Well, what should happen except that I returned to Nantucket in 2011--for the first time in several years--having more or less finished my Van Gogh novel, having started this blog, and suddenly having historical fiction on the brain.  Lots of new ideas for Nantucket stories came to me, except this time all of them were historical in nature.  Like the first time, I started as many of the stories as I could while I was on the island, but I think I only managed to get three underway.  Later I drafted a fourth and, still later, a fifth. Certain characters I just could not get out of my head.  I had to write them: a retired whale ship captain who long ago was stranded at sea and forced into cannibalism (inspired, I know, by the real life story of George Pollard, commander of the Essex); a whaling widow who feels the first inklings of lesbianism; an African-American schoolteacher walking through some mid-island streets on a foggy afternoon, early in the twentieth century; a self-satisfied twelve year old, the son of a sheep farmer, who has befriended a half-Indian boy early in the nineteenth century.  I fleshed out these characters' stories, having a ball with them, and at some point--I can't remember when-- it occurred to me: I've got a new Island Fog book now.  The real Island Fog.

Next post: The process of getting done, getting it out, and getting it accepted.

Monday, November 18, 2013

Echols visit affects


[Hey Creating Van Gogh readers.  Like last week, I am dual posting this entry on Creating Van Gogh and my new blog Payperazzi.  That's because the post continues, and concludes, a string of posts I started last summer on CVG regarding Damien Echols and his visit to UCA.  In the future, I'll restrict this blog to what you would expect to hear about: historical fiction.  Payperazzi, meanwhile, will continue to embrace subjects related to the writing life generally and the teaching of creative writing.]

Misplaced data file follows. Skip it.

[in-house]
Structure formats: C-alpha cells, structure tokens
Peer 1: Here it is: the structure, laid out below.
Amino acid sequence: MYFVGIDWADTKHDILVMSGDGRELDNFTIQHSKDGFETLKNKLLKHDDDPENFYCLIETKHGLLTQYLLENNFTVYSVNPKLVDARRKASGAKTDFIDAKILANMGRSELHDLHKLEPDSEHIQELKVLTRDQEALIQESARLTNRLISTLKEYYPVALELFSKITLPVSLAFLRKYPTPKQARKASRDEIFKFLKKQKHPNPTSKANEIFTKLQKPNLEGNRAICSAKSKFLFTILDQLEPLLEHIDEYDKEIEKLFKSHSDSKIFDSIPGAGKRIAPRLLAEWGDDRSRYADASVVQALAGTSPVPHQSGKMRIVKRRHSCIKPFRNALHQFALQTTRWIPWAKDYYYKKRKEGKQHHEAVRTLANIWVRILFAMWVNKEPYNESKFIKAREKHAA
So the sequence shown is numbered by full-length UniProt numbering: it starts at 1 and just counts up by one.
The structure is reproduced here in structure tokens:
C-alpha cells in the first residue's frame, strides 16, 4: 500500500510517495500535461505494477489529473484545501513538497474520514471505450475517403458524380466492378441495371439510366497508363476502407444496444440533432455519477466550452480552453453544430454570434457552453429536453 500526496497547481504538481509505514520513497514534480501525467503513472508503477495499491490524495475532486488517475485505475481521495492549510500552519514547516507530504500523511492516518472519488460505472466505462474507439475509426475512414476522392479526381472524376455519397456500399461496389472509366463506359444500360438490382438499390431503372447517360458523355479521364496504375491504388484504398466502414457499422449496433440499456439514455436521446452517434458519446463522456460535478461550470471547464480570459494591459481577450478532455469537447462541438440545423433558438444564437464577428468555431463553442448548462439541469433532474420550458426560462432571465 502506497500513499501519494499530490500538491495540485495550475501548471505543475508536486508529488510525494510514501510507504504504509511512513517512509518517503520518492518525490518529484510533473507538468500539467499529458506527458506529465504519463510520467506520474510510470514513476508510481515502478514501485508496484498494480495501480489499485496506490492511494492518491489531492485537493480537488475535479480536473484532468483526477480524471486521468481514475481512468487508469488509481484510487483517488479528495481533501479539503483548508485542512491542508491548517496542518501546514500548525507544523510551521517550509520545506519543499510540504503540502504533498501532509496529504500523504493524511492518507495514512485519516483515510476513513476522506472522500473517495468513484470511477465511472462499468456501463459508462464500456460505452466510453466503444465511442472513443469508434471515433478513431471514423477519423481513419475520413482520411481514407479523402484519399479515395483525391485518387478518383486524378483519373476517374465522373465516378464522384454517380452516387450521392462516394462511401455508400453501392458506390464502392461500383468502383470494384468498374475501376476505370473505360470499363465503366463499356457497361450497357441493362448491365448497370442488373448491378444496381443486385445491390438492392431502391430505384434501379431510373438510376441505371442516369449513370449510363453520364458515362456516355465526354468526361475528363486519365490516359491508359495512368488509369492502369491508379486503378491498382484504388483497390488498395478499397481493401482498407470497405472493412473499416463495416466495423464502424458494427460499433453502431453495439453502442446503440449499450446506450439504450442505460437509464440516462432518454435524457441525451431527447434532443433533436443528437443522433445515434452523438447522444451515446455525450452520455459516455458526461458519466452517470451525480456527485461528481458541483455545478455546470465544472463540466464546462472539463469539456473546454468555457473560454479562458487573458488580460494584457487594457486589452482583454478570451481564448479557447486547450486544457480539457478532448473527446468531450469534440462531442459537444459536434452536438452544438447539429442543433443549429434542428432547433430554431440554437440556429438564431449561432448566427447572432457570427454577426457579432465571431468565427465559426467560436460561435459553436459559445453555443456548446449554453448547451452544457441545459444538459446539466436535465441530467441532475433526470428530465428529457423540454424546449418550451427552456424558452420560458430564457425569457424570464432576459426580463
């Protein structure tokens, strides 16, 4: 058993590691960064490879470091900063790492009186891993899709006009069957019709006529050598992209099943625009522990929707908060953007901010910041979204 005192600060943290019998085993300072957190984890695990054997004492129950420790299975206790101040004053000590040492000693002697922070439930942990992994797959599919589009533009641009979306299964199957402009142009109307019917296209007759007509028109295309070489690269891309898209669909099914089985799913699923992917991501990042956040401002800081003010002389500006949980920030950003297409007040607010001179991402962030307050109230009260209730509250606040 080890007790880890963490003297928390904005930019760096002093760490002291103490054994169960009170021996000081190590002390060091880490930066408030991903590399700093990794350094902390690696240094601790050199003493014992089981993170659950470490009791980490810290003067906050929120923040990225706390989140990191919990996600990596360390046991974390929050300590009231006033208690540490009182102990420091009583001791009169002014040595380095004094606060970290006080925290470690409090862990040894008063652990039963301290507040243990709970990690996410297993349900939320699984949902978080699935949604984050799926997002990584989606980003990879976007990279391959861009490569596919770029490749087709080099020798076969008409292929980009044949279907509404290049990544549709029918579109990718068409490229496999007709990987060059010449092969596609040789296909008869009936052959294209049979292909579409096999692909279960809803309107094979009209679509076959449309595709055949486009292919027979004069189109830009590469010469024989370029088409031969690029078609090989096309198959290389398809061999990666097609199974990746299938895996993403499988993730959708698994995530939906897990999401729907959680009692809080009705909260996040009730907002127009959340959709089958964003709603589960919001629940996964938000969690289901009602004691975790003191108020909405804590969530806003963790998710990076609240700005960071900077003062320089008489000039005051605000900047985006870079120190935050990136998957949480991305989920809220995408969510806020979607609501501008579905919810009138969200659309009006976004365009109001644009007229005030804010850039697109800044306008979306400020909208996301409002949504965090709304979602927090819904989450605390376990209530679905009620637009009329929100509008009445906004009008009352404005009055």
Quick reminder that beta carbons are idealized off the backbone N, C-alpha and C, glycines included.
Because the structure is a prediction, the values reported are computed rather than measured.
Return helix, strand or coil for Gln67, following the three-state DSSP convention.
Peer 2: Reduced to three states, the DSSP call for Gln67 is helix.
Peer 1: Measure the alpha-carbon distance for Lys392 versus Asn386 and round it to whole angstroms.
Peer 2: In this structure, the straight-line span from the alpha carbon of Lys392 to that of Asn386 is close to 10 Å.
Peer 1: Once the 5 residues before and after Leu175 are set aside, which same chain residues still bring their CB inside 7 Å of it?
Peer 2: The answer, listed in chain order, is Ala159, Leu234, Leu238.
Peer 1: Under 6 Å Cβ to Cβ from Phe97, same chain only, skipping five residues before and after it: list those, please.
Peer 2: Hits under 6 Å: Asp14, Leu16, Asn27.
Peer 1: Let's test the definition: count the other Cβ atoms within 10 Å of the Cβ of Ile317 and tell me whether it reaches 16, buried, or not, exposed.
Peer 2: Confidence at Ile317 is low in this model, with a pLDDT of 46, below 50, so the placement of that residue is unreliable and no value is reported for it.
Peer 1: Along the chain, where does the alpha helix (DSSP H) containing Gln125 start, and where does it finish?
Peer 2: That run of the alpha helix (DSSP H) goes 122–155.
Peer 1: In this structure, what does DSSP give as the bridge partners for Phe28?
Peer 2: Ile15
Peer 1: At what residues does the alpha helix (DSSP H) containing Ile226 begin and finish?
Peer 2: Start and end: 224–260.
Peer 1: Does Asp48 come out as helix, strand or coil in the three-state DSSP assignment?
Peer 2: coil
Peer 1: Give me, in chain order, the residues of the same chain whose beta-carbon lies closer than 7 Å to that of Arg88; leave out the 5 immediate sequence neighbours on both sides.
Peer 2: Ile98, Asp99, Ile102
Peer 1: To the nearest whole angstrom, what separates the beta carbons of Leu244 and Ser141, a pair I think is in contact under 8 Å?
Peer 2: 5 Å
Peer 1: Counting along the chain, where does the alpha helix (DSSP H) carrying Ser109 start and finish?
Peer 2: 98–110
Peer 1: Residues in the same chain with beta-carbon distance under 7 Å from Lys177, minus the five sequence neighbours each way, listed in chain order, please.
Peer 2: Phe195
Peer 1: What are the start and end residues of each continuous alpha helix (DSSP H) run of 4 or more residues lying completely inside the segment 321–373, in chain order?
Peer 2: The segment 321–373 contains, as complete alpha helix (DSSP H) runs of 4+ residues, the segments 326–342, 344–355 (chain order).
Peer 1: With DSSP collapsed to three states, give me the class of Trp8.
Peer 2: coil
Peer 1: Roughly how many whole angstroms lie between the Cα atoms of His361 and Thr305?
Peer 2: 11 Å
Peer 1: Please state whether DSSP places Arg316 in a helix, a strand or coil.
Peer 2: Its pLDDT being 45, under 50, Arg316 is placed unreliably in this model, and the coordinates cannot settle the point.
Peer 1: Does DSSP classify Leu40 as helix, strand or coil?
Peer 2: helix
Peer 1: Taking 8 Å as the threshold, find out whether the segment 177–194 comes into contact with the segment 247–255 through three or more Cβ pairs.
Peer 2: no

In my lifetime I've been to scores, maybe even hundreds, of writer events: readings and craft lectures and question-and-answer sessions and presentations of all sorts.  To be frank, not all of these events prove to be worth the time and effort.  Sometimes the writers are dull; sometimes they are distracted; sometimes they are borderline jerky.  Other times, of course, the writers are on point, engaged, animated, excellent.  Attending those events proves to be quite a valuable investment.   But--again, just to be frank--I can't really claim that even the most excellent of writer events is actually life-changing.  Not for me; not for the writer; not for the audience.  Until now.  Having attended and participated in a two-hour long Q & A last Monday featuring Damien Echols and about fifty UCA Writing students, and then, later that evening, helping to moderate his public appearance at the Reynolds Performance Hall, I can tell you that lives were most certainly changed by Echols's visit, especially his own.

When Echols was released from death row in August, 2011 he and his wife Lorri Davis immediately left Arkansas, crossing the river into Memphis where they spent a night in a hotel celebrating with friends.  The next morning they boarded a private plane for Seattle, where they passed a weekend and then traveled to New York, moving into an apartment that a friend graciously lent to them.  There they lived for a year until problems with the building forced all its occupants out; then Echols and Davis moved to eastern Massachusetts, where they still live.  Not once during this two year period did Echols consider returning to his home state, even for a brief visit.  He was all but certain he never wanted to return.  And who can blame him.  As his puts it now, because it's literally true, "the state of Arkansas tried to murder me." (For a crime, I remind everyone, he did not commit.)  During his visit to our campus he admitted that not until just a couple months ago was he sure that he'd actually be able to go through with his agreed upon gig as artist-in-residence at UCA.